While it has long struggled to find even the smallest space in the shadow of Hollywood, French and other film giants, Reunion Island’s cinematic creations have recently been granted some spotlight. What if this attention were not an epiphenomenon but an indication that the time has come for local cinema to shine at home and abroad?
“We are perhaps bored with seeing the same old stories about couples arguing in a Parisian flat”
As a French producer (from the mainland) said at the last Clermont-Ferrand short film festival: “We are perhaps bored with seeing the same old stories about couples arguing in a Parisian flat”. It was actually at the same festival that a Reunionese film, Blaké by Vincent Fontano, all in Creole, won the ‘France TV’ award. Quite symbolic considering last year’s nomination of Tangente by Julie Jouve and Rida Belghiat at the Césars, and the selection at the Oscars of Reunionese co-productions in animation, and many other films still being screened at Lussas, Fespaco and elsewhere around the world. Clearly, a door has been opened, and it is difficult to believe that just one hand turned the key.
Tangente (Julie Jouve & Rida Belghiat)
Whilst Reunionese cinema is yet to achieve awards on the scale of Dead Payet* Society, My Neighbour Tothoarau, or The Begue* Lebowski, there is still much evidence of its increasing success. Most importantly there are fundamental positive developments within the Reunionese film industry: its structural organisation, which now includes a wide variety of training opportunities, the creation or expansion of numerous associations dedicated to cinema, the arrangement of residencies, hosting of festivals, the creation of SVOD platforms and the availability of technical and technological equipment. Previously, most films shot locally were of foreign origin, with many ‘tourist’ films taking place mainly in hotels or on beaches. Perhaps this was a necessary phase though, allowing local technicians to gain valuable experience of ‘big’ shoots. Even though there is still a lot of work to be done, today the Reunionese have the means to make films and to share their own stories. And by all accounts these stories are of interest far beyond our shores.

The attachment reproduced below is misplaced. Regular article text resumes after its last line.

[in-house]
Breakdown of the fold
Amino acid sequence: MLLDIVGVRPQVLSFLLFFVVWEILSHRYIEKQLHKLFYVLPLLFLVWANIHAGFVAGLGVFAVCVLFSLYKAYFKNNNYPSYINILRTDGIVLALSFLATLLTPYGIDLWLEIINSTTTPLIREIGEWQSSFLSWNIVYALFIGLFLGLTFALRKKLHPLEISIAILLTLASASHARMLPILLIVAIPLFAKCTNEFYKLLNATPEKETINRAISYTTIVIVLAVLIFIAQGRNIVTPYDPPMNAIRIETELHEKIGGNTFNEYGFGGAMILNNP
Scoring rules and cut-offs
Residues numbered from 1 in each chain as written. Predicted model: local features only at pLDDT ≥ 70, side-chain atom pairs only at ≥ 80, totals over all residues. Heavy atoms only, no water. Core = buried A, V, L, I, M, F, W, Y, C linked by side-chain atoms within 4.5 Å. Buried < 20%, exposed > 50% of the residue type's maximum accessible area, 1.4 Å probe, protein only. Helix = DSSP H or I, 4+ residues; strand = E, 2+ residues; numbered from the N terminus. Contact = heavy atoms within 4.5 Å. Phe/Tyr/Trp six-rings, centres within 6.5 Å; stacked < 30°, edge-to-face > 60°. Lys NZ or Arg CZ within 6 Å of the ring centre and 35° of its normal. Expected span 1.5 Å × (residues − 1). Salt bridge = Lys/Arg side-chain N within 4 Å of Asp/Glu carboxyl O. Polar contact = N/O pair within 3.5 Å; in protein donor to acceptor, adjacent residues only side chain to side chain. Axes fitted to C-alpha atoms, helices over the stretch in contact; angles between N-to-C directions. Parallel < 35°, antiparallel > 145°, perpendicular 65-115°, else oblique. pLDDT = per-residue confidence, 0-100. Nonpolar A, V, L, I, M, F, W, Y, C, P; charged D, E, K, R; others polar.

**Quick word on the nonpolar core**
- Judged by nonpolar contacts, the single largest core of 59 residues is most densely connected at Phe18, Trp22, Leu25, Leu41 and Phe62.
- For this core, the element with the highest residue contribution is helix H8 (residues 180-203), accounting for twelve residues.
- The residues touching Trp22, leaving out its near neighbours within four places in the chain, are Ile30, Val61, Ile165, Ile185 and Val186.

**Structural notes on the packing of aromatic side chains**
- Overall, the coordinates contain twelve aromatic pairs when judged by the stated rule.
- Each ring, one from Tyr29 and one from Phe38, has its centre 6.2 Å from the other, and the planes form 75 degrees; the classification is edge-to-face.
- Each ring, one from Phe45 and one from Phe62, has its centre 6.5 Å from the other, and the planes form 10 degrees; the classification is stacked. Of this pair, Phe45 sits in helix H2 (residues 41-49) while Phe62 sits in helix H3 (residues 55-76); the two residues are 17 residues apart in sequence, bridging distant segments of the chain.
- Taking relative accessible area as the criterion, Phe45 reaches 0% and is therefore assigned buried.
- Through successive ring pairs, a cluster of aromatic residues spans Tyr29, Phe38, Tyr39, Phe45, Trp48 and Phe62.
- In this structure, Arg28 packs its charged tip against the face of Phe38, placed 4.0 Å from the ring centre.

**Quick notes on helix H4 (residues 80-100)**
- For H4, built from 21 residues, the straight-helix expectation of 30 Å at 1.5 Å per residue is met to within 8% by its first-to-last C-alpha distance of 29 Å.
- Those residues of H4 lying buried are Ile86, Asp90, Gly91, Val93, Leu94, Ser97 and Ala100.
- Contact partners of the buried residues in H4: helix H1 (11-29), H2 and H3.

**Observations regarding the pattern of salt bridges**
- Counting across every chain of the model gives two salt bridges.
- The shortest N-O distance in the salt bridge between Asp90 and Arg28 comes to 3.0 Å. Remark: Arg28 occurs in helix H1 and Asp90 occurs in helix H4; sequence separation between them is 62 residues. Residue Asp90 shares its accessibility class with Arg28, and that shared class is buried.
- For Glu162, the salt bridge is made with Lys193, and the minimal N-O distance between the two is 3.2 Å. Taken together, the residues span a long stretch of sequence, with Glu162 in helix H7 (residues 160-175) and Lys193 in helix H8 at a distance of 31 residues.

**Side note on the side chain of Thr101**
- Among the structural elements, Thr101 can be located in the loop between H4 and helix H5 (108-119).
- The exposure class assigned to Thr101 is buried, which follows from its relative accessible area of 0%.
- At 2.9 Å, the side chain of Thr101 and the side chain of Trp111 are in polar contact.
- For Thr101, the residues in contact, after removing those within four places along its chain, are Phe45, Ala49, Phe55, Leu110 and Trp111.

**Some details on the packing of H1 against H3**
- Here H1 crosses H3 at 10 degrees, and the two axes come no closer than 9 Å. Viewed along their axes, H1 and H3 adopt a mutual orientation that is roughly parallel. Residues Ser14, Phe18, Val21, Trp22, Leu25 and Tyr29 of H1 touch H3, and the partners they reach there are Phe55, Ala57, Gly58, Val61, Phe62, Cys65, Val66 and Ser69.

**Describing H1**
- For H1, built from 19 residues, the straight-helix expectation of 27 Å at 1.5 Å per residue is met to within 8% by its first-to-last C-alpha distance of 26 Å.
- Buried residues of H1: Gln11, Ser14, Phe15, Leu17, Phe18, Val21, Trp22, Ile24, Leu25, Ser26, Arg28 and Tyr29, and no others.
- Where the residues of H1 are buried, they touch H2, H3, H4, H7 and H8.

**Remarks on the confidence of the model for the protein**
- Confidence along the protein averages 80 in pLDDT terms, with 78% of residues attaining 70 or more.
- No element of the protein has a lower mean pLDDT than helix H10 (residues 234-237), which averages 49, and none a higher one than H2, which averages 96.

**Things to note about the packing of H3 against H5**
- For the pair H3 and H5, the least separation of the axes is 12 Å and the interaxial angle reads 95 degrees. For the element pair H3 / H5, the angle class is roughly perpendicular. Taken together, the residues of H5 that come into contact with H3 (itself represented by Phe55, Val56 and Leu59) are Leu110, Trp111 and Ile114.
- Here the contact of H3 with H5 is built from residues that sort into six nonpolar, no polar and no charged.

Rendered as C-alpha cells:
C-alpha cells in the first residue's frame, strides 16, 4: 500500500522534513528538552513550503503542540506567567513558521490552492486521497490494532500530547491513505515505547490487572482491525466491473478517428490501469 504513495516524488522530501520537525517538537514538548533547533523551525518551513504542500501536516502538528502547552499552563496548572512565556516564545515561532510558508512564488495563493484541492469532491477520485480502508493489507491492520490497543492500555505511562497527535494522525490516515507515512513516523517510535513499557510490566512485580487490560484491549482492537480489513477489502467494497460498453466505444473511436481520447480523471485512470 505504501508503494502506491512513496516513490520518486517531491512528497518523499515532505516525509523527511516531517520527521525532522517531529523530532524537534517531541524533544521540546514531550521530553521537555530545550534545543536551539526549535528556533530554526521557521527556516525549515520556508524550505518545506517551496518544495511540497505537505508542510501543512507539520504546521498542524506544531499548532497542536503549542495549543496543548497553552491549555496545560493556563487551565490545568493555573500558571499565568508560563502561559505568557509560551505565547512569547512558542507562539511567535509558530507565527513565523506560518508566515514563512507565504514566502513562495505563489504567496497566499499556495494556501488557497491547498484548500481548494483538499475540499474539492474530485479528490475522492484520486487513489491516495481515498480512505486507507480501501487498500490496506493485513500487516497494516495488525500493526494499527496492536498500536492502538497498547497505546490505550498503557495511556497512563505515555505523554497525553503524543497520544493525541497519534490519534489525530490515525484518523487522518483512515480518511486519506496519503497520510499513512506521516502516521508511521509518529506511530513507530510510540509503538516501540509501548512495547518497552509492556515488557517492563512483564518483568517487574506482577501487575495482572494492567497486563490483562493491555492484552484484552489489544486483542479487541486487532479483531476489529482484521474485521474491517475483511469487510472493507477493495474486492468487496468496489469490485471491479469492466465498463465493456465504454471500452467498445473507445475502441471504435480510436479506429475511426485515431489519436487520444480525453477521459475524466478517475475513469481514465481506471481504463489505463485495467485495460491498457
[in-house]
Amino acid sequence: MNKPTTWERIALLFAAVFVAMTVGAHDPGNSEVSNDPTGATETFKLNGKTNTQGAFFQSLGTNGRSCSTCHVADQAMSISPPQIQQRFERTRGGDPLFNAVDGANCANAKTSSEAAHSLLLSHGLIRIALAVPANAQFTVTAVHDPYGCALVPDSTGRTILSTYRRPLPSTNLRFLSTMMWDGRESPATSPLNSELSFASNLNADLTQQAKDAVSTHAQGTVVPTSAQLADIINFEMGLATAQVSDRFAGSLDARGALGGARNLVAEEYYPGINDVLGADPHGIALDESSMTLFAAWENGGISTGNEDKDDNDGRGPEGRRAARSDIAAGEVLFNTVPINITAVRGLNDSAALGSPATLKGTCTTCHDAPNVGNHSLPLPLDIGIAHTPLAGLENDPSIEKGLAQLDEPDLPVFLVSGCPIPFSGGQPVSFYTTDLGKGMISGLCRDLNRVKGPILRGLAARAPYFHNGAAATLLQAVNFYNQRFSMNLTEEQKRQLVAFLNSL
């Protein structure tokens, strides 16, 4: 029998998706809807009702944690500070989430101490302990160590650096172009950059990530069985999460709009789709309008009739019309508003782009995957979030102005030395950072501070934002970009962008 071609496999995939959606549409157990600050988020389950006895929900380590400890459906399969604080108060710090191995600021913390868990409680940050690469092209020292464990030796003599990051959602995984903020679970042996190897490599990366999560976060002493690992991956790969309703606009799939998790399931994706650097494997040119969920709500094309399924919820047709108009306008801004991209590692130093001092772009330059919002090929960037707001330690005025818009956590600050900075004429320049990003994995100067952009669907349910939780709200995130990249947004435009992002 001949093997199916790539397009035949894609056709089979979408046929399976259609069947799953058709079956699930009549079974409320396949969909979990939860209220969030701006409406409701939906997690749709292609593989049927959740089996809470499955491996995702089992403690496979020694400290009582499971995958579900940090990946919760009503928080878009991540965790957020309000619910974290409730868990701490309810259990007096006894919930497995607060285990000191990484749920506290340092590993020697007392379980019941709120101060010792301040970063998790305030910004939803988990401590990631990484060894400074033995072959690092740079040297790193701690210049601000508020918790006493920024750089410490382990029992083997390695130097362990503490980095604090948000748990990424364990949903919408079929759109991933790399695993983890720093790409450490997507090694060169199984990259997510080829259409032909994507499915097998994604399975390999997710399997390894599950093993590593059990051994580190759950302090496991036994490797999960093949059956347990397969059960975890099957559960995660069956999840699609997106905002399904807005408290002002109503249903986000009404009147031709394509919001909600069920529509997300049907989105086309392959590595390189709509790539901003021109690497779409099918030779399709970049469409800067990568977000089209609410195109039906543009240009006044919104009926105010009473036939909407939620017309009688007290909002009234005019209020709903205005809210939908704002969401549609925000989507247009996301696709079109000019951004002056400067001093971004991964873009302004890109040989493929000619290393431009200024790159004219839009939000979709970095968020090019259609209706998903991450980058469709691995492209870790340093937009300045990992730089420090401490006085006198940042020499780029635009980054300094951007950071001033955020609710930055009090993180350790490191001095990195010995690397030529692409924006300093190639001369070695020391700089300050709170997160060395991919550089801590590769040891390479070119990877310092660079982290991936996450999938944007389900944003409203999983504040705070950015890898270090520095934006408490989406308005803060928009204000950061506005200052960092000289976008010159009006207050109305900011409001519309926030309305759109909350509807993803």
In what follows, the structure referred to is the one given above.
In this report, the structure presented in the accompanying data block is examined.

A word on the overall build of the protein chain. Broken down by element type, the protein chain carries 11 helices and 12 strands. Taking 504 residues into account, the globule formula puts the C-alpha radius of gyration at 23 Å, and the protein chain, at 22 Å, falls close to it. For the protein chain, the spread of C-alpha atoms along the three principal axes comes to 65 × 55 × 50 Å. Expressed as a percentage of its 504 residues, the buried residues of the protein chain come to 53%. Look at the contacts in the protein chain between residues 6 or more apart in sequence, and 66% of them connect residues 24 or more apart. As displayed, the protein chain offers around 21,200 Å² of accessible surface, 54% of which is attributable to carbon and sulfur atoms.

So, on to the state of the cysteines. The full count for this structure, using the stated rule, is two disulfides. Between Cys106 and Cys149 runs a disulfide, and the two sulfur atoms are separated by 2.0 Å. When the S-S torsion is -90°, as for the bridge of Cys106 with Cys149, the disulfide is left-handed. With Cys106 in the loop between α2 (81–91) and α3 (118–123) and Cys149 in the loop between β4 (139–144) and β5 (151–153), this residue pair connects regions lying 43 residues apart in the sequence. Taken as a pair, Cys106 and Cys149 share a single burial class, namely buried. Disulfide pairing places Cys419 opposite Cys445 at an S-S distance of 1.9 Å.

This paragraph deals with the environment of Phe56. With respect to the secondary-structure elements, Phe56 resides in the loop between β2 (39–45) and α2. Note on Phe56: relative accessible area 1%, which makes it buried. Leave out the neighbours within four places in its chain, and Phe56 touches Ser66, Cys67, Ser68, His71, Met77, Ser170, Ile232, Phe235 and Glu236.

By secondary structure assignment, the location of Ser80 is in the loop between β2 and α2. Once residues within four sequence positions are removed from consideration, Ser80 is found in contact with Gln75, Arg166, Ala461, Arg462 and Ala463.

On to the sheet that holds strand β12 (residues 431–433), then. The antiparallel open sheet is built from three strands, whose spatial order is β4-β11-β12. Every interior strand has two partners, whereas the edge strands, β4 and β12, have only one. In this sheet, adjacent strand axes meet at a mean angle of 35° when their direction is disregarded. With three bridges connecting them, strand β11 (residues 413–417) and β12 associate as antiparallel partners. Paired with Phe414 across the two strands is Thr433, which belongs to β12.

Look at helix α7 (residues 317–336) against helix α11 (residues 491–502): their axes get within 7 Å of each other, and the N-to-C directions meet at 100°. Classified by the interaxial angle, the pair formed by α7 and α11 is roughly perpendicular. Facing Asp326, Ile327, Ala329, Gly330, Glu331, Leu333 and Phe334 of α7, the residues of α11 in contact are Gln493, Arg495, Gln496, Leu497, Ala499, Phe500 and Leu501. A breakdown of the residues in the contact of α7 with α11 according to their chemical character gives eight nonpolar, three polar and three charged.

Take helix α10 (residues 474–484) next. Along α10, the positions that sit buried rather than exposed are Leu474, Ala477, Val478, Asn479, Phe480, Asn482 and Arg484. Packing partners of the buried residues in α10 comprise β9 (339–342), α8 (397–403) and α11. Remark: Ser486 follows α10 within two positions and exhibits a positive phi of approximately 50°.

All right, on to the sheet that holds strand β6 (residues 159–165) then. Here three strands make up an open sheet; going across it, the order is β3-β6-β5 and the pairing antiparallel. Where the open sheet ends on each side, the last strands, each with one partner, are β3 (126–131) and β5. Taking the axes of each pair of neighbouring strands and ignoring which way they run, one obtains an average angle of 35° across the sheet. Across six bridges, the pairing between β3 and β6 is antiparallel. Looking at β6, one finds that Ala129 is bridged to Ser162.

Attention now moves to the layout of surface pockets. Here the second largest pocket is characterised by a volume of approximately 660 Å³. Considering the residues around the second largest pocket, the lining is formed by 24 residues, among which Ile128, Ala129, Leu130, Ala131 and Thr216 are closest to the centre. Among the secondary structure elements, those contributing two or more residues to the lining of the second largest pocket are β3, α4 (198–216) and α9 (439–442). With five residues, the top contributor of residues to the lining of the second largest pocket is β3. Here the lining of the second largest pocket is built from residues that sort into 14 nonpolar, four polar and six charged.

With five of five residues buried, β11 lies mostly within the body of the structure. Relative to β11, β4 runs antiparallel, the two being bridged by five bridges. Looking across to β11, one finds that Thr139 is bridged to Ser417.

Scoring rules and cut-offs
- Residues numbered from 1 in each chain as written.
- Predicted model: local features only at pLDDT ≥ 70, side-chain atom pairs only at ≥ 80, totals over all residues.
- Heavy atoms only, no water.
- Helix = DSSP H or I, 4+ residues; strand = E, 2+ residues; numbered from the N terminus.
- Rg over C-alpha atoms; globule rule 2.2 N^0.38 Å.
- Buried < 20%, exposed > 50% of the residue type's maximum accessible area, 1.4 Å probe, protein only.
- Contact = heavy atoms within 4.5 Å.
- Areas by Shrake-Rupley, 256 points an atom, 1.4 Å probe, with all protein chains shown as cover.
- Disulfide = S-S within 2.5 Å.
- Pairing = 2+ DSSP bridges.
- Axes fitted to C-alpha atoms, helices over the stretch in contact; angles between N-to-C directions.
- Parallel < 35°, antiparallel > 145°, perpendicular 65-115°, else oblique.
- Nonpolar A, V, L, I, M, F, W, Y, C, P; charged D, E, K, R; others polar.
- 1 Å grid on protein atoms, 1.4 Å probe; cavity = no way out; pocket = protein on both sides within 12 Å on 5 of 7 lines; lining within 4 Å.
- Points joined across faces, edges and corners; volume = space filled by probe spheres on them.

Dead poet society, (Peter Weir)
It must also be recognised that there has perhaps never been a more favourable time for the promotion of our films. Today’s cinema, on a global scale, finally celebrates minority film, mirroring the issues of today’s society. As evidenced by the recent international successes of Asian, Indian or African films, people are increasingly open to discovering new aesthetics which provide a refreshing alternative to American productions. Reunion Island has just such qualities. Both diverse and universal, French without being in France, mixed in its colours and its cultures, it offers a new range of stories, lived experiences, of faces and beautiful landscapes, still too rarely illustrated on screen. It is hardly surprising then to note the change in behaviour of a number of foreign producers who previously only came to shoot their own films on the island but who now come looking for inspiration in our island life. What if the new New Wave came from the Indian Ocean?
Guillaume Bègue, Scriptwriter
*Common surname in Reunion Island, France.